The aim of the system – which has yet to be named – is to create a suite of tools which work to highlight relevant comments, potentially through word recognition software. Additionally, it would categorise and rank commenters according to previous contributions. A highlighting system would keep comments constructive and allow journalists to interact directly with reader comments. While this may not eliminate ‘trolling’, it could diminish the incentive for users to be the loudest voice in the comment section.
Fiona Martin, who researches online news comments at the University of Sydney in Australia has enthusiastically welcomed the Mozilla partnership. “The creation of an open source, shareable commenting and social media tool that can be plugged into existing content management systems, would be a great initiative for helping users and small publishers manage their interaction,” Dr Martin said.
The project will run for two-years and it is to be funded by a $3.89 million grant from the John S. and James L. Knight Foundation. The Washington Post and The New York Times will incorporate the tools developed as part of the project into their websites, and extend them to other publishers and bloggers in order to allow them to create their own websites, similar to publishing platforms such as WordPress. The project, which has dozens of members, will be led by Mozilla’s Dan Sinker, who is the Director of the Knight-Mozilla OpenNews initiative, which specialises in developing digital news tools.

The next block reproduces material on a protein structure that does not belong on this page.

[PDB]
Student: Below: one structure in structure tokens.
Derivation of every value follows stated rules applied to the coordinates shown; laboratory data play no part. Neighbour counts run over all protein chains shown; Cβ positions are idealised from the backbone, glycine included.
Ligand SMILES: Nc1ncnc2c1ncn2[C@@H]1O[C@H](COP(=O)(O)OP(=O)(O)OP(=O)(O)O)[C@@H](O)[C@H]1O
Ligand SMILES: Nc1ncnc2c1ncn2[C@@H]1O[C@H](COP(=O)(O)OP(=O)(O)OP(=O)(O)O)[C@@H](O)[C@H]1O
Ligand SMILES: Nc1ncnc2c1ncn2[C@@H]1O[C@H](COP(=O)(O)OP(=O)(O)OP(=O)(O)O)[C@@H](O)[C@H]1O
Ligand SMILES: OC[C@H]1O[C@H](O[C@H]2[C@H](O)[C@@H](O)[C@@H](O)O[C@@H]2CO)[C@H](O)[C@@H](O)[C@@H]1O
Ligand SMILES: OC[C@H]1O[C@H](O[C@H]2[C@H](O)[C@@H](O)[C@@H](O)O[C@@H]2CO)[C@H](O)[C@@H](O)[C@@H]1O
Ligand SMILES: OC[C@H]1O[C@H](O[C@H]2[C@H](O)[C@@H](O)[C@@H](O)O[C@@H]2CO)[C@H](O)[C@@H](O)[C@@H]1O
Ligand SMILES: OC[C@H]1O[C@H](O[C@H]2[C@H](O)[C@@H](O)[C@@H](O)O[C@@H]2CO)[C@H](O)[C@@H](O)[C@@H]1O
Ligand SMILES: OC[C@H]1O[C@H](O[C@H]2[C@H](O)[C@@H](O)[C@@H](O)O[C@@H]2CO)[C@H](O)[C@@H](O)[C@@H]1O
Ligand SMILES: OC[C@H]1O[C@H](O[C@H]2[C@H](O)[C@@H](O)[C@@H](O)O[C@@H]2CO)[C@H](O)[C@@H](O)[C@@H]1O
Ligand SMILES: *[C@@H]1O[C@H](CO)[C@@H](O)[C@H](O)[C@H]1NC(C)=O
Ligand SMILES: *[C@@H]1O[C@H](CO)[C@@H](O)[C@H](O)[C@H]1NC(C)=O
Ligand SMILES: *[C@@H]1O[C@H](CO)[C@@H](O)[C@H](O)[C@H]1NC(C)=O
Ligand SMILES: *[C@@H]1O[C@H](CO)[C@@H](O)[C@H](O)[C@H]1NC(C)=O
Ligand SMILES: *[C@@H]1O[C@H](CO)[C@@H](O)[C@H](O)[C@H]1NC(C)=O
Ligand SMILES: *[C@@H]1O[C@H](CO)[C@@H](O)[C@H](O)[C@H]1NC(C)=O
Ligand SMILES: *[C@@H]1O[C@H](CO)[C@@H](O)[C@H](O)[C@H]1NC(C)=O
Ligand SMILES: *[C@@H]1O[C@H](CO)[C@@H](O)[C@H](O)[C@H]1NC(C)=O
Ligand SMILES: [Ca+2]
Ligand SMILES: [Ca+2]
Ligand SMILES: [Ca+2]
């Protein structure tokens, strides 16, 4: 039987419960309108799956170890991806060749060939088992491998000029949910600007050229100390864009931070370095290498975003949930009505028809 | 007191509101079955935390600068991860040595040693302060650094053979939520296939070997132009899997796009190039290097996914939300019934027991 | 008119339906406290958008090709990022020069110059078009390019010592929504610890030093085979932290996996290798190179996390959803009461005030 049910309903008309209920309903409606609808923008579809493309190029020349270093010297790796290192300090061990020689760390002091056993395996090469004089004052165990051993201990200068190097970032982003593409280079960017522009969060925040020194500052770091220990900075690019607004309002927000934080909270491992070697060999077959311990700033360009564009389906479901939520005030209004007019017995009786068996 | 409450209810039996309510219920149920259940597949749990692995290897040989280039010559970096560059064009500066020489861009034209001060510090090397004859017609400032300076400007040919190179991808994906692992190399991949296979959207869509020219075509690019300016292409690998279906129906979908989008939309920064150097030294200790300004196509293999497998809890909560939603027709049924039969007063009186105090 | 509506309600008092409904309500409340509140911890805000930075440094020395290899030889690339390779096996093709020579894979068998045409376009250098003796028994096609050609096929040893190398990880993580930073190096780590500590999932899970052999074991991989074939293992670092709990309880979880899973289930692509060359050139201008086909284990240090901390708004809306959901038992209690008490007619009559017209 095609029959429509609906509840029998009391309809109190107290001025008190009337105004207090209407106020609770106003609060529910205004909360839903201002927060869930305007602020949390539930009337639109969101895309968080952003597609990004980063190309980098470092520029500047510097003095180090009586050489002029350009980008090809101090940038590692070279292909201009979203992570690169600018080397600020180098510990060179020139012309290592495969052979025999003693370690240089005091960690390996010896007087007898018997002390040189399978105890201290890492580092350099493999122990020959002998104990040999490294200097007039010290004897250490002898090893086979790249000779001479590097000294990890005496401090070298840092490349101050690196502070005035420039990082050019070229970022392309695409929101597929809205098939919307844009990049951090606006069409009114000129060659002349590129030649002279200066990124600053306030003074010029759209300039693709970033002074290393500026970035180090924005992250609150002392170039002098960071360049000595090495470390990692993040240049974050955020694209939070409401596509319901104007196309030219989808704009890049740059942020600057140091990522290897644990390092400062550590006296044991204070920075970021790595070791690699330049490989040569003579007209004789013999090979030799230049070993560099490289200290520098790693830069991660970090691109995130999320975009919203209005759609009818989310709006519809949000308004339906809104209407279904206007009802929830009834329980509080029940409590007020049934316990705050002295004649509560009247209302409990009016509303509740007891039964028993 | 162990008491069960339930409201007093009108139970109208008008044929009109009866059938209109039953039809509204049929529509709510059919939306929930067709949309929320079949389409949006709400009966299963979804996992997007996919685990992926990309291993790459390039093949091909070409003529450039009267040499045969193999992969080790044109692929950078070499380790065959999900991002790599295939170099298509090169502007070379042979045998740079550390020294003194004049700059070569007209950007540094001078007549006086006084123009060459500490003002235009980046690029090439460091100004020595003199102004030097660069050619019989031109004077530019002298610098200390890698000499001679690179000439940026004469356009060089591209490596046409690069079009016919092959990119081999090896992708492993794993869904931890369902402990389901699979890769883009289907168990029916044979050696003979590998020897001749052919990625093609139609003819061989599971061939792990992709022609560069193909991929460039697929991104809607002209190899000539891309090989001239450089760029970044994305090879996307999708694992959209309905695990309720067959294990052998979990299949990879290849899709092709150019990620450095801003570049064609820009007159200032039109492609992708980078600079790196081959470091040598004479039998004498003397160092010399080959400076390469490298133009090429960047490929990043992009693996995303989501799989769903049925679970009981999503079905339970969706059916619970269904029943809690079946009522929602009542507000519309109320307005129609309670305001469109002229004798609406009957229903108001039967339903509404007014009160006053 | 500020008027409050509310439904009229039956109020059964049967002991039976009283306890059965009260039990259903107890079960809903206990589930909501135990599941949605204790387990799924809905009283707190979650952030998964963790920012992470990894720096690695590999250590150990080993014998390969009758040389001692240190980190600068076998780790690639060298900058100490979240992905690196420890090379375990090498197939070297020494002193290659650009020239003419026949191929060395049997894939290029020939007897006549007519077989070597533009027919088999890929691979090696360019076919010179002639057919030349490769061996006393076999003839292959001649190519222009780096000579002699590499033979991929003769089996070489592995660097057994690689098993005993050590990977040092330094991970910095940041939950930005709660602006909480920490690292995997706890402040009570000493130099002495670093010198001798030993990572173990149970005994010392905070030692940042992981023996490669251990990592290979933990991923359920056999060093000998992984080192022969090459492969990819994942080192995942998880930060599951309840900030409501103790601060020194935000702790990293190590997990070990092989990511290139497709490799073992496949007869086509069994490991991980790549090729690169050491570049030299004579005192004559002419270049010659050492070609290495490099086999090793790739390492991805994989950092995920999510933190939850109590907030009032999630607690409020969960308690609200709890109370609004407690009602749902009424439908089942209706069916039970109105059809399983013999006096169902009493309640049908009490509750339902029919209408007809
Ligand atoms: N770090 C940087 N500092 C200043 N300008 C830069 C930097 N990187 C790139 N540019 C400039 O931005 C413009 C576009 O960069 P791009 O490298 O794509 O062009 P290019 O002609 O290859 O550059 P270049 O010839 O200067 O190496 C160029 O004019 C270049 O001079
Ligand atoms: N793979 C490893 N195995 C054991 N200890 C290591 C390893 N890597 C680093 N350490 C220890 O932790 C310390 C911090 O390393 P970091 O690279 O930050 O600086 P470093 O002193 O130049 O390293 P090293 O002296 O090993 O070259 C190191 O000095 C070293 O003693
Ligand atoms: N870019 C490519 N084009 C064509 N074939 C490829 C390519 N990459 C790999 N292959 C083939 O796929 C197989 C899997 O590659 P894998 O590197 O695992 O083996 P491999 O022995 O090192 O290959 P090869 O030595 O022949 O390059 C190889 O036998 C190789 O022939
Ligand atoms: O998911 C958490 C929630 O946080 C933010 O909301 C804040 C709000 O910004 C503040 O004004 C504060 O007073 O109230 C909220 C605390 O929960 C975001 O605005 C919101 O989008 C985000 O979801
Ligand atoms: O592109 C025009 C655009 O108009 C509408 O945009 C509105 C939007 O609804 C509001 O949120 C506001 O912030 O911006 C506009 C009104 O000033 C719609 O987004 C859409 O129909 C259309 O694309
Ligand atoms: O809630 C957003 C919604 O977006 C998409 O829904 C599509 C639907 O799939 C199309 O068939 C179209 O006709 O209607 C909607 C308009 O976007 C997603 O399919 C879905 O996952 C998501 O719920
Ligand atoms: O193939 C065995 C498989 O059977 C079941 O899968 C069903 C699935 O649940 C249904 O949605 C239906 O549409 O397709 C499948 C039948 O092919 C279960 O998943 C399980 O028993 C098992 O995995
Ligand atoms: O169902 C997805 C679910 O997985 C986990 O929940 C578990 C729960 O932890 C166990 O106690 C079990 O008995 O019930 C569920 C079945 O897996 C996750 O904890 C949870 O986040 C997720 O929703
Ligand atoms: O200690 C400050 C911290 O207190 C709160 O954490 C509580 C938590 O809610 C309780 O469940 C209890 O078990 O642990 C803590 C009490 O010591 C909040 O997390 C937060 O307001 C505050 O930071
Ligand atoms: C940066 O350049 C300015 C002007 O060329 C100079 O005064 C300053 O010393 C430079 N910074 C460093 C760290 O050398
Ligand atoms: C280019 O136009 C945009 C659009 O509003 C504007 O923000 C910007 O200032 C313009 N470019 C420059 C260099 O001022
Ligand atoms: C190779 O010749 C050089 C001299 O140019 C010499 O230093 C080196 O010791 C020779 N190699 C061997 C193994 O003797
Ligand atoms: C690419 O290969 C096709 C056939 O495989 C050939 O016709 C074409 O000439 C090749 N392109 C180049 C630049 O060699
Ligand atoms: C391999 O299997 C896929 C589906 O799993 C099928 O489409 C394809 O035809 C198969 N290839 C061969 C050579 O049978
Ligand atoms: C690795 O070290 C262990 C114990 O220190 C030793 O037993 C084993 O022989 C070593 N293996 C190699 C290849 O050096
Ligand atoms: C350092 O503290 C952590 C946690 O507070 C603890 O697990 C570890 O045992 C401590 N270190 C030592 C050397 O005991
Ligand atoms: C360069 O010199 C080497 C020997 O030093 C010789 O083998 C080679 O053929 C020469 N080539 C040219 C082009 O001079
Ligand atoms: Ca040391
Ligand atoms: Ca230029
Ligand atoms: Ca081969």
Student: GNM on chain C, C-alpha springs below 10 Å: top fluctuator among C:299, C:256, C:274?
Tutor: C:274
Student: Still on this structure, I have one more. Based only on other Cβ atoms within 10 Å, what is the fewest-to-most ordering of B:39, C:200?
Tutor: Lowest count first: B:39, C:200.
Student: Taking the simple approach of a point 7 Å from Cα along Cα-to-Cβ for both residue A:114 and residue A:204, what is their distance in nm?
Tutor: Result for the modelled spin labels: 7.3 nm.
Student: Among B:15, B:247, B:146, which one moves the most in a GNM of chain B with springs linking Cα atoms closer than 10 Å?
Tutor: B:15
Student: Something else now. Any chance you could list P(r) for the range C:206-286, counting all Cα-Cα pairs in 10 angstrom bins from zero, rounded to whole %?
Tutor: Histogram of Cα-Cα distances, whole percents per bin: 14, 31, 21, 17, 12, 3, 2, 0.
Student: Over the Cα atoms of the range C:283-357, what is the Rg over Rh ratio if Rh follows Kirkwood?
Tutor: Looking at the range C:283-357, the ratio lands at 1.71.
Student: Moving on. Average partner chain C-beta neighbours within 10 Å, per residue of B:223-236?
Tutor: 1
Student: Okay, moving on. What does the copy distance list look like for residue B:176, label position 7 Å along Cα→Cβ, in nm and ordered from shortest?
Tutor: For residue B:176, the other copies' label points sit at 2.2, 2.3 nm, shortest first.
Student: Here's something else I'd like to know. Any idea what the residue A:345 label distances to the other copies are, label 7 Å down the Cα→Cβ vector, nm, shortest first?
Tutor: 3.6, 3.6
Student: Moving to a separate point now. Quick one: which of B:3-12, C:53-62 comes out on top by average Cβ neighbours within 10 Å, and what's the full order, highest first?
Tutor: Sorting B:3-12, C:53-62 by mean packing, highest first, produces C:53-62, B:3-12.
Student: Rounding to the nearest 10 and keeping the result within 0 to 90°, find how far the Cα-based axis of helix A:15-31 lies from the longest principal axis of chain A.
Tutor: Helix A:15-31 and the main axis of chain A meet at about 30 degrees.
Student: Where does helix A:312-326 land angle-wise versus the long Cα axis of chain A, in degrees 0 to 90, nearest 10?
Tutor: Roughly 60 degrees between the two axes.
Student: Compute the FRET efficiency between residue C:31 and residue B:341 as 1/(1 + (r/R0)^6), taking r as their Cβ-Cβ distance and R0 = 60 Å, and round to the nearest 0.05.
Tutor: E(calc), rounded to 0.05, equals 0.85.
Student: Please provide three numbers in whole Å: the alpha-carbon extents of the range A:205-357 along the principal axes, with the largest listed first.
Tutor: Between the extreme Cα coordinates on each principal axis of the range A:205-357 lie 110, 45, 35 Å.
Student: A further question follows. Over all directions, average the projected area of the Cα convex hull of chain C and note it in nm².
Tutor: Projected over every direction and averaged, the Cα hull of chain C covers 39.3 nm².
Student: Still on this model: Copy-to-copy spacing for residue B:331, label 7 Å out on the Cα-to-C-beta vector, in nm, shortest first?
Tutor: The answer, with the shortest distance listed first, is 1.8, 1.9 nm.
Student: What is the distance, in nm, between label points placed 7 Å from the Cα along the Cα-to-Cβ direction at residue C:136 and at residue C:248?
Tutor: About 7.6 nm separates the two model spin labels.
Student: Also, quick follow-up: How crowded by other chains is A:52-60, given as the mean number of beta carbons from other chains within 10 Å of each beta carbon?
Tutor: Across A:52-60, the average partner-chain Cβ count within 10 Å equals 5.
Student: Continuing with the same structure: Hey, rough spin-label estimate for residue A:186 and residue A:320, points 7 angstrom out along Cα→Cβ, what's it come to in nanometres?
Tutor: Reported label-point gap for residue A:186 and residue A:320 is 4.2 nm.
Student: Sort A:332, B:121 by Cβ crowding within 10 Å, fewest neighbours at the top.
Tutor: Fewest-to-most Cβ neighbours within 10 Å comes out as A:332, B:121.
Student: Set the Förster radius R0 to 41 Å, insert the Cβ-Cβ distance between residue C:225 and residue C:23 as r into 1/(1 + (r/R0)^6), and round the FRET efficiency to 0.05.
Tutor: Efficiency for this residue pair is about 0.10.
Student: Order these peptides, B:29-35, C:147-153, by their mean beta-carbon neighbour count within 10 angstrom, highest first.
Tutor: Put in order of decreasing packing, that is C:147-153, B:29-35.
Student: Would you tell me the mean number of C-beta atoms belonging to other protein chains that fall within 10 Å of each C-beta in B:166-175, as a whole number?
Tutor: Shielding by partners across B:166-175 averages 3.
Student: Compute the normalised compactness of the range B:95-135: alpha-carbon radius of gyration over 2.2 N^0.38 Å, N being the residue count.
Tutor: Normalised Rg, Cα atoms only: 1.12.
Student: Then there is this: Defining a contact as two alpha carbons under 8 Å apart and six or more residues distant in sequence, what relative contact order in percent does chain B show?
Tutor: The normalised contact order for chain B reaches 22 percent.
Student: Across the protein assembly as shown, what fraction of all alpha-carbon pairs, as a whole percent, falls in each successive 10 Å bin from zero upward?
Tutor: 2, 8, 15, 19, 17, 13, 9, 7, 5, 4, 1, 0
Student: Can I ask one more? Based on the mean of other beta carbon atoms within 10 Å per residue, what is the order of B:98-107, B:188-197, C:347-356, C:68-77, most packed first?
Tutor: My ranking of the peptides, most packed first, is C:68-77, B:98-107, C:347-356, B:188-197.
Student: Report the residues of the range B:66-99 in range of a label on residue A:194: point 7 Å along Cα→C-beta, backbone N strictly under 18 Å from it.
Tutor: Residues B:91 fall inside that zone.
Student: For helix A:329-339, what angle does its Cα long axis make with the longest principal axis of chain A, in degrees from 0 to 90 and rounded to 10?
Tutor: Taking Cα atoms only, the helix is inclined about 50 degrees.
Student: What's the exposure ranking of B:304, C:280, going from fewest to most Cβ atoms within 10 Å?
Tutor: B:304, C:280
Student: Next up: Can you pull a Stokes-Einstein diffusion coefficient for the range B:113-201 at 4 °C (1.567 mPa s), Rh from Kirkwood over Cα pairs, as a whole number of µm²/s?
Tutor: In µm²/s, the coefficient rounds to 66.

“A move to standardise posting and other user generated content functionality would be useful.” Dr Martin said. “My research has shown that most major mastheads have developed their own idiosyncratic approach to enabling commenting and user interaction, and this can confuse and frustrate people who go looking for functions that exist in one website but aren’t found on another” she said.
But Dr Martin says there are potential downsides to tools that identify ‘super-users’ if the system is not implemented in a spirit of transparency with audiences. “I can see the appeal of automation to help identify ‘superusers’. The problem is automated ranking tools and verified commenter systems create class systems. They disadvantage one-off and casual users. If the rules publishers introduce for users to be given greater visibility are not transparent, then those rules will only cause anger and, potentially, disengagement”, she said.
A report published by the World Editors Forum in 2013 titled ‘Online Comment Moderation: Emerging Best Practices’, identified the current models of moderation as pre-publication and post-publication processes. This has typically involved moderation staff, either individually approving each comment, or assessing comments which have been flagged by other users. A combination of these two processes is also used. This allows publications to ensure reader commentary is contributing to the story. It is, however, time-consuming and newsrooms may not have the resources to undergo this process in which case, problematically, there may be no moderation at all.
There is also the option of blocking specific users if they break the guidelines of a publication’s comment section. This can be done using their account, or in the case of users who create multiple accounts, their IP address. Moderators can ban or closely monitor the activity of flagged users, or hide comments from everyone except the offending user.
The report provides suggestions which could be used to moderate a comment section:
- Don’t post content that is offensive or abusive. Here, most specifically refer to racism, homophobia and sexism, as well as mentioning hate speech.
- Don’t post content that is illegal: most refer to defamation, libel and pornography.
- Don’t post irrelevant, off-topic content.
- Don’t swear.
- Don’t post content that is badly-written, in all caps, abbreviations or misspelled to such a degree that it is illegible.
- Don’t write excessively long comments.